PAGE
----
Bovington Tank Museum

This is an amazing place … full of all sorts of Tanks and Armoured Vehicles, some of them quite rare (even to the point of being unique).

Matilda equipped with a Canal Defence Light

As some of you may know things were pretty desperate in Oz in 1942 – it was feared that the Japanese would actually invade Australia (we didn’t know at the time how limited their shipping capacity was … or the politicians running around like headless chooks didn’t … and that the idea of an actual serious invasion was a pipe dream) … and the UK and the US (who either didn’t care or were better informed about Japanese capabilities) weren’t interested in supplying us with modern war materiel such as combat aircraft and armoured vehicles.

For aircraft, we produced the Boomerang, which is relatively widely known, but less well known is that we produced a small number of tanks of modern design … but they never went into full production because the Yanks eventually supplied us with Stuarts which we used in New Guinea and Grants which were mostly used in Australia. The Brits supplied us with some Matildas, which were also used in New Guinea as well as for home defence.

A Sentinel, the Australian Cruiser Mk 1 … one of only a half a dozen or so of the small number of prototypes which survived the war.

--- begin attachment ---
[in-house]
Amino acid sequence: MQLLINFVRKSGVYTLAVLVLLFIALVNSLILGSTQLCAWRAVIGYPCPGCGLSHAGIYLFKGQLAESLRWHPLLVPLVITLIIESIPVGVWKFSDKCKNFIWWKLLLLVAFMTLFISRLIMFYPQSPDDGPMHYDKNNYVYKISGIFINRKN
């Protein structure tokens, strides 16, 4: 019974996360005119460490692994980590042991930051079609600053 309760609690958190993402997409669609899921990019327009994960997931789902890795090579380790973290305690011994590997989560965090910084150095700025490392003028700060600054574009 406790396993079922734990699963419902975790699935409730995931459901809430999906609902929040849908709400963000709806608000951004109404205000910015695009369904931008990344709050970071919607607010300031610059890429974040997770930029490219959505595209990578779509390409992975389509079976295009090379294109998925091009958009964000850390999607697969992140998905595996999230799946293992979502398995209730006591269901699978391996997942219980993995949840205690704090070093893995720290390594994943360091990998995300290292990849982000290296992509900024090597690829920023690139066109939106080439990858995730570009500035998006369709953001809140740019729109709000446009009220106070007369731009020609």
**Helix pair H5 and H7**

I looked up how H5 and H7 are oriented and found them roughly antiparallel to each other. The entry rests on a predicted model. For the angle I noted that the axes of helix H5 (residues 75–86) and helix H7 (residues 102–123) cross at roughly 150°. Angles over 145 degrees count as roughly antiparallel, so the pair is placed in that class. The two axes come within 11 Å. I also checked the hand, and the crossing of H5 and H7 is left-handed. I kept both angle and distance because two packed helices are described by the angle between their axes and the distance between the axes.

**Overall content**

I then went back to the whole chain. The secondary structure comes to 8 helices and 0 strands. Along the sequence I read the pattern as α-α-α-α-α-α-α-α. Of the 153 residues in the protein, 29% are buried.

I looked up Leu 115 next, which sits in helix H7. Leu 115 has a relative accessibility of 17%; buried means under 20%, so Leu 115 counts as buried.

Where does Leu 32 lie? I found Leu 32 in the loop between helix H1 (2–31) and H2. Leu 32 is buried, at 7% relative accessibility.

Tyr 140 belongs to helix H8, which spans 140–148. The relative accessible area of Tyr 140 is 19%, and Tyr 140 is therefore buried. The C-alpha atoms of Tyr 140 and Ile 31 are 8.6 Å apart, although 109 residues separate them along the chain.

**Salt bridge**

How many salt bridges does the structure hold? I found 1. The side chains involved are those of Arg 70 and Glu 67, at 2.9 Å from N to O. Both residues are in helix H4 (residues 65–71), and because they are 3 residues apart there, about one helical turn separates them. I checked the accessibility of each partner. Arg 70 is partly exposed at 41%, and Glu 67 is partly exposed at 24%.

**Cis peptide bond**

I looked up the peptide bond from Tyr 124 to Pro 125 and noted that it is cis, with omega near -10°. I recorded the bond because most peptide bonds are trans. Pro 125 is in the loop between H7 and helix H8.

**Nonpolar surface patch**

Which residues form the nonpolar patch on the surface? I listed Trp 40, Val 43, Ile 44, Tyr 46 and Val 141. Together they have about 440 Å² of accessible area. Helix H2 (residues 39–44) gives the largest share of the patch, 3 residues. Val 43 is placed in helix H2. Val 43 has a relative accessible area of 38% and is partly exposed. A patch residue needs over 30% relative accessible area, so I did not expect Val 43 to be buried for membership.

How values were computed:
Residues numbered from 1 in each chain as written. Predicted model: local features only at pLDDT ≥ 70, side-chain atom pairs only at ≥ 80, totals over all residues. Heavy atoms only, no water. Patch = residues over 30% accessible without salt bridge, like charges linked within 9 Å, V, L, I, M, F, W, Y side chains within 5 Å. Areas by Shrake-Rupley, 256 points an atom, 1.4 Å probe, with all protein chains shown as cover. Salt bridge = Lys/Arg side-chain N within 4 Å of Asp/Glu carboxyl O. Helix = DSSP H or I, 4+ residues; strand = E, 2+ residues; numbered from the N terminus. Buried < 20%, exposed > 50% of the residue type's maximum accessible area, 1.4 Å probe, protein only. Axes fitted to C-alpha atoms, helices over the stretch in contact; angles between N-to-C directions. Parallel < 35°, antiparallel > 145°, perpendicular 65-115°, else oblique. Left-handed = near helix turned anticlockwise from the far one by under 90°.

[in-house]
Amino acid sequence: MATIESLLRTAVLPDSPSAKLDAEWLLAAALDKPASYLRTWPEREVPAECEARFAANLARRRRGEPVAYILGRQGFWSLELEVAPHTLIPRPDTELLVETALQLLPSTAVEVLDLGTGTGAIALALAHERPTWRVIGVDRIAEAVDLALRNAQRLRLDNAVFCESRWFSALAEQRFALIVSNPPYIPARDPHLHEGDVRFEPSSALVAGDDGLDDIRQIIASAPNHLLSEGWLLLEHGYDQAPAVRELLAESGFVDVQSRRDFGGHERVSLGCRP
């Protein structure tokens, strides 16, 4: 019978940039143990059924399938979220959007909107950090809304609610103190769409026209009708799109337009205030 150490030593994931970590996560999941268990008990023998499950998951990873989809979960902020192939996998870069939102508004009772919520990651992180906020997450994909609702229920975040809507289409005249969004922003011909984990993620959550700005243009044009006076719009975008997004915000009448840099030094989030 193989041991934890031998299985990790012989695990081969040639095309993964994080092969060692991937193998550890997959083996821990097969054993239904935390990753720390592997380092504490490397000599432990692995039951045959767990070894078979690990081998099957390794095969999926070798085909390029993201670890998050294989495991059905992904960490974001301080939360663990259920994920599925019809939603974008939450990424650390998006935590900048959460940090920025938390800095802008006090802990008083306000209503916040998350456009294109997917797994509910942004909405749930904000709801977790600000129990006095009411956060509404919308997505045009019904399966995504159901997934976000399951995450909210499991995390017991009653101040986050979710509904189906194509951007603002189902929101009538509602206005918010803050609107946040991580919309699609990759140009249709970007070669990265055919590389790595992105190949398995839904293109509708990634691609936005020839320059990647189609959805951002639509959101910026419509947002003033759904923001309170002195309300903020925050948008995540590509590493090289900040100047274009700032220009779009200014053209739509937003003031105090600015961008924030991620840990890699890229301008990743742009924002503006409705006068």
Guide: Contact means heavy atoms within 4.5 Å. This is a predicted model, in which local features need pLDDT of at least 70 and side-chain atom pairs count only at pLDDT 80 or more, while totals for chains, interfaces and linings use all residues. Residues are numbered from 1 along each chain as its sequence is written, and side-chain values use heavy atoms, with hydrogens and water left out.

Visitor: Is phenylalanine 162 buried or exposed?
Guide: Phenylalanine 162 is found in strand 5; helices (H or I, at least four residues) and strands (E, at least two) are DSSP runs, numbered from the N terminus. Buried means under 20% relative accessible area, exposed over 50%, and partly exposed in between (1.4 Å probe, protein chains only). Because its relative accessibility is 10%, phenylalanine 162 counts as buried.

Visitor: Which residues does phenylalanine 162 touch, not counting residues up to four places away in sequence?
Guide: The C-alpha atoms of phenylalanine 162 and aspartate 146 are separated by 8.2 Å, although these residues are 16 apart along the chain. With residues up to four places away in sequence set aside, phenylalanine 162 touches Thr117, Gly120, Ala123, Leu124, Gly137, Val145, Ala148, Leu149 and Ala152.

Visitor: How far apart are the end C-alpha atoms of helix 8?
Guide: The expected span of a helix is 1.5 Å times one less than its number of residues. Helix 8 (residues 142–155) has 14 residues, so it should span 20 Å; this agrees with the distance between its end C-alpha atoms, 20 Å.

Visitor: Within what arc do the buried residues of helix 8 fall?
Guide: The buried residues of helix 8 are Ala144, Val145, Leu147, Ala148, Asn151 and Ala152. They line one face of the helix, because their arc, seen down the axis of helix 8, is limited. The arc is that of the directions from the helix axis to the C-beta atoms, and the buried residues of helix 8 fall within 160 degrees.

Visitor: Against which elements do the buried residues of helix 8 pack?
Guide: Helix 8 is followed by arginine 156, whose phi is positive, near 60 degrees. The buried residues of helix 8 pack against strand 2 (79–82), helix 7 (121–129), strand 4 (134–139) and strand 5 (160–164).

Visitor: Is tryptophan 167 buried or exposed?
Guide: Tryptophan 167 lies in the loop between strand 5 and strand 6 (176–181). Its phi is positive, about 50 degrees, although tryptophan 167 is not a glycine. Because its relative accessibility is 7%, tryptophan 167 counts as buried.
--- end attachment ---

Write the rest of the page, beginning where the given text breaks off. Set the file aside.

Another view of the Sentinel
A Tiger 1 with a T-34/76 of the Finnish Army (captured from the Soviets and later gifted to Bovington)
Panther and JagdPanther

The Museum also has a Canadian Kangaroo, a conversion of the Canadian Ram tank (which married a modified M3 Grant hull, no sponson, with an indigenous turret with a 2 pdr gun) which was never actually fielded in combat as a tank. There were other ‘variants’ of APC idea fielded by the Canadians (and the Brits) based on Sextons/Priests (SP Guns based on a Sherman chassis) with their guns removed or converted Shermans. The one below is a genuine Ram chassis!

Kangaroo APC
French Char-B1 Heavy Tank
Little Willie the first prototype armoured vehicle and the precursor to the Tank

Just a few days before I was there they’d had a ‘Tankfest’ weekend with some of their tanks put through their paces on the field outside … including the museum’s famous Tiger 301, which is one of the few Tigers still running … and you can see the track marks on the floor from where she was returned to the display hall.

The museum’s running Tiger 301
Italian Flamethrower tankette – a really terrible design. The armoured (lightly) fuel trailer supplied fuel through a hose that ran through the lightly armoured ‘cockpit’ and the underpowered engine was supposed to run the pressure pump that squirted the fuel.

Can you say ‘flaming coffin’ …

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